Introduction to Part

The Honorable Tom Roper

Oceans cover about 70 per cent of the Earth's surface, abut most of the world's nations and surround thousands of inhabited islands. The IPCC's 2001 assessment suggests that approximately a fifth of the world's population lives within 30 km of the sea and nearly double that within 100 km. The proportion is growing, particularly with rapid urbanization.

Oceans pose a number of threats to coastal environments and communities, the most significant of which has been storms. In mid- to high latitudes, the strongest storms are often in winter; in low to mid-latitudes, the strongest storms are typically in summer. Both can result in high winds, creating damaging storm surges, causing coastal erosion and high amounts of precipitation. This is particularly true for tropical cyclones, which draw their power from warm ocean waters and intensify into hurricanes, creating winds and rains that destroy coastal settlements and forests, inundate agriculture, and cause serious flooding and mudslides. Although improved warning of such events has led to reduced death rates, evacuations and damage typically create significant disruption.

While there is considerable debate about the extent of climate change impacts on coasts, the differences are about degree, not direction. Warmer ocean waters, melting glaciers and perhaps ice sheets are raising sea level above its long-term level - and prospects are for up to 1 m rise during the 21st century. Rachel Warren of the UK's Tyndall Centre and James Hansen of NASA point to potentially much greater rises with ice melt in Antarctica and Greenland.

The 2001 IPCC Report states that many coastal systems would experience:

• increased levels of inundation and storm flooding;

• accelerated coastal erosion;

• seawater intrusion into fresh groundwater;

• encroachment of tidal waters into estuaries and river systems;

• elevated sea surface and ground temperatures;

• threats to coral and mangroves.

It is also predicted that the number of extreme events will increase. There may or may not be more hurricanes and typhoons, but it is expected that they will become more powerful and, consequently, more destructive. Ecosystem resilience will be reduced by a combination of human and climate impacts.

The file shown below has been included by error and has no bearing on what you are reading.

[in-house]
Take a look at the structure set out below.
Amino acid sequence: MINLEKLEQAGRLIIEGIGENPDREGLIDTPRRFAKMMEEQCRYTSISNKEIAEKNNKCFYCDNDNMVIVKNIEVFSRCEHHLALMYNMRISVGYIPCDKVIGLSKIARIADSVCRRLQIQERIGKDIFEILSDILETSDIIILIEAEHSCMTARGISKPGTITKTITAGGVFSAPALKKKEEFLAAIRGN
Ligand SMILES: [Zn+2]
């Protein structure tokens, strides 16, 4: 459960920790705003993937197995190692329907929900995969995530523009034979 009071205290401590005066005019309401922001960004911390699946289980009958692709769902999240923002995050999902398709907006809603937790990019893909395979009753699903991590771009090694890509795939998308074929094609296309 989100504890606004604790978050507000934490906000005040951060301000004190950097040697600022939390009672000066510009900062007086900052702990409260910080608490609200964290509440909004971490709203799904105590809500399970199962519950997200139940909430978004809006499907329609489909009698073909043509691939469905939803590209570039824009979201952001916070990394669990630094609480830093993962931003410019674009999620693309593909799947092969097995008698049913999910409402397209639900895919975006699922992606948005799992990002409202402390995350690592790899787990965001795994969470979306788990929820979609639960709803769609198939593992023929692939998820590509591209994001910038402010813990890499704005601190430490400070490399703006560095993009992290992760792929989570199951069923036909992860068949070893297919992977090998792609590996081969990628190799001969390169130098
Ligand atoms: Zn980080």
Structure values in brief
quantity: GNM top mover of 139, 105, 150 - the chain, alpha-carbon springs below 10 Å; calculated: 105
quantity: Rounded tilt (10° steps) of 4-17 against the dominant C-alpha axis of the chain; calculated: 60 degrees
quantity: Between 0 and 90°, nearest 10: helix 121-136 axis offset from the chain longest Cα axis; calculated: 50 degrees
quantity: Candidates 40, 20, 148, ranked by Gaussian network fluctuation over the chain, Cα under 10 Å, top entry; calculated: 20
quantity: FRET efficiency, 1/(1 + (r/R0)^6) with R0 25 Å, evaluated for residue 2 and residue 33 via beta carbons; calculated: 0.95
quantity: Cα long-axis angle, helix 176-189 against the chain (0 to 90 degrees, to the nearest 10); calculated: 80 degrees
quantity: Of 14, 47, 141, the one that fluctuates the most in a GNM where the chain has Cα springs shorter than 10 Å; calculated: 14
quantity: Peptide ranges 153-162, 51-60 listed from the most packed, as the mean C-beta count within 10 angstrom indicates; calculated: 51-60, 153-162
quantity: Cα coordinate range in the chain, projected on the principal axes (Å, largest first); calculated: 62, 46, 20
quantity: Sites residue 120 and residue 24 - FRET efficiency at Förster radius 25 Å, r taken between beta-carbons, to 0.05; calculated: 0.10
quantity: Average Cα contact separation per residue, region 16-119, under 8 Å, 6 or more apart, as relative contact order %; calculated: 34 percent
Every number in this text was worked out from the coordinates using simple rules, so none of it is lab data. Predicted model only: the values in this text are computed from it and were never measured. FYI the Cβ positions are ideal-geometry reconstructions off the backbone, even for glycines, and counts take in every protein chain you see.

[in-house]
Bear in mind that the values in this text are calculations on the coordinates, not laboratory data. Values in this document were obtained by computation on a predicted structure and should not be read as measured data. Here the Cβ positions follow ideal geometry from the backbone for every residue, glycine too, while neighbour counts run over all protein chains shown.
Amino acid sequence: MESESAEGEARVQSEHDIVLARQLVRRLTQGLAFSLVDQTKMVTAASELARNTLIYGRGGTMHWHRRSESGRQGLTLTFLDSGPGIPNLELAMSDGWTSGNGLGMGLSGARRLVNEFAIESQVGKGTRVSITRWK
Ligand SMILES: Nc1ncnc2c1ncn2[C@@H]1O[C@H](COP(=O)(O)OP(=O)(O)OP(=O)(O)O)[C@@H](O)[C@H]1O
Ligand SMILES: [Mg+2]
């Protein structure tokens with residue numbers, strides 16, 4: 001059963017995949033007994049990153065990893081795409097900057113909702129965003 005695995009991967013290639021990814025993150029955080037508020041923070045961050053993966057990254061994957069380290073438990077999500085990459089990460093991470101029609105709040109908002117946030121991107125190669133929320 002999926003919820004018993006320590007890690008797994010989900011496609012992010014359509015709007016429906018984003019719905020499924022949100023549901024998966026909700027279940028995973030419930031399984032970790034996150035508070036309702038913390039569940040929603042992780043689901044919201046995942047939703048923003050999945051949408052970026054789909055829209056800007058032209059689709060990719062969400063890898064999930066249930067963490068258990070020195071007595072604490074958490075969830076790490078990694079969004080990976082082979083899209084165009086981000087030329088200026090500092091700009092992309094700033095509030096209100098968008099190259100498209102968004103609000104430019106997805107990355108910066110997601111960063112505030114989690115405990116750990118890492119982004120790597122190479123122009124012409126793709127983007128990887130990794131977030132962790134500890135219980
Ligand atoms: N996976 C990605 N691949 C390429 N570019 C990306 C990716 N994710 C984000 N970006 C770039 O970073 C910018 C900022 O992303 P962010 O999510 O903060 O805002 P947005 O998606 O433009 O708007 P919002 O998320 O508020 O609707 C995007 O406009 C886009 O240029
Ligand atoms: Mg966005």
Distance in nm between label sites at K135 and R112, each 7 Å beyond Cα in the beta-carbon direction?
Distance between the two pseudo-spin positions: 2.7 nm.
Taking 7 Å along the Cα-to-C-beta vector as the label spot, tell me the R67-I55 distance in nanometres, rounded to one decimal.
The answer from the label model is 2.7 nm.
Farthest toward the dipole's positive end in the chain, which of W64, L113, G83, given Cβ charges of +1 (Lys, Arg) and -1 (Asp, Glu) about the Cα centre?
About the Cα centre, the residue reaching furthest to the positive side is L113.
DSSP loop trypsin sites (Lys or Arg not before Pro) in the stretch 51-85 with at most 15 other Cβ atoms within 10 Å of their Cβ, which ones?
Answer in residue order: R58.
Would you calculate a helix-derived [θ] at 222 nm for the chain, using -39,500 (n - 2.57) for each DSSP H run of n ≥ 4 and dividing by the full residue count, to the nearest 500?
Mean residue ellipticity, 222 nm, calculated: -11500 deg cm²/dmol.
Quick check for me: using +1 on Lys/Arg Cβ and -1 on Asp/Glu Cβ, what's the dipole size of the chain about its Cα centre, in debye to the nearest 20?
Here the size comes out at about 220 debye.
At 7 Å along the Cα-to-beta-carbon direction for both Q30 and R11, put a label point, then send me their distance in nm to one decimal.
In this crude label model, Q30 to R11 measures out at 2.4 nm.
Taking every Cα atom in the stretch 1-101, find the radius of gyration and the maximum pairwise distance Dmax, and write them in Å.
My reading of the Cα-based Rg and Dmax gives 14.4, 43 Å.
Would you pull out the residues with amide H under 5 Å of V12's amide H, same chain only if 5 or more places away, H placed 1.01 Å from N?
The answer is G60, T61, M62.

Millions more are likely to be flooded regularly, particularly in the mega-deltas of Asia and Africa and in the especially vulnerable small islands, as described in repeated IPCC assessments. In Nigeria, for instance, 25 million people live along the coastal zone. A sea level rise of 0.5 m would displace 1.5 million people and result in the loss of 200,000 jobs in Alexandria, Egypt, alone.

While the atolls in small island developing states such as the Maldives, Marshalls, Tuvalu and Kiribati are the most vulnerable, and even may vanish as geographical areas and nations, almost all small island developing states have most of their social and economic activity and capital investment less than 2 m above sea level. As a result of the 2004 Indian Ocean tsunami, the Maldives suffered the effects of a century of sea level rise in an afternoon, with 10 per cent of the habitable land lost and the ongoing salinization of scarce fresh water supplies and food gardens.

Part 3 describes three vulnerable coastal situations in the US that are typical of situations worldwide. These examples show the need and potential for taking action to protect lives and properties in many areas vulnerable to sea level rise. In Chapter 7, Professor Michael Kearney details the potential for significant impacts on Chesapeake Bay, the largest estuary in the US and typical of large estuaries worldwide. In Chapter 8, Dr Virginia Burkett outlines the situation along the Gulf Coast and Mississippi River delta, which is typical of many low-lying coastal areas that are protected by barrier islands and wetlands. In Chapter 9, Professor Malcolm Bowman describes the situation facing the New York metropolitan area, which has major development right up to the coastal edge and is extremely vulnerable to powerful storms, the effects of which will be exacerbated by sea level rise and climate change. In Chapter 10, Dr Bruce Douglas and Professor Stephen Leatherman depict the worsening situation facing many of the world's coastlines from rising sea levels, intensifying storms, coastal erosion and intense development, and then outline the near-term steps needed to address these concerns. In the final chapter in this section, Admiral Loy, former Commandant of the US Coast Guard, presents the urgently needed actions required to protect the lives of people living in coastal areas.

Although there have always been risks for coastal residents, they are worsening, creating situations for which neither coastal ecosystems nor communities are prepared. Attention must be devoted to prepare for what seem to be inevitable challenges and changes while simultaneously taking action, as we are doing in the Global Sustainable Energy Islands Initiative, to reduce greenhouse gas emissions and slow and then stop the intensifying pace of climate change. It is too late to stop serious deleterious impacts to our coastlines. Hopefully, there is still time to prevent catastrophic change.

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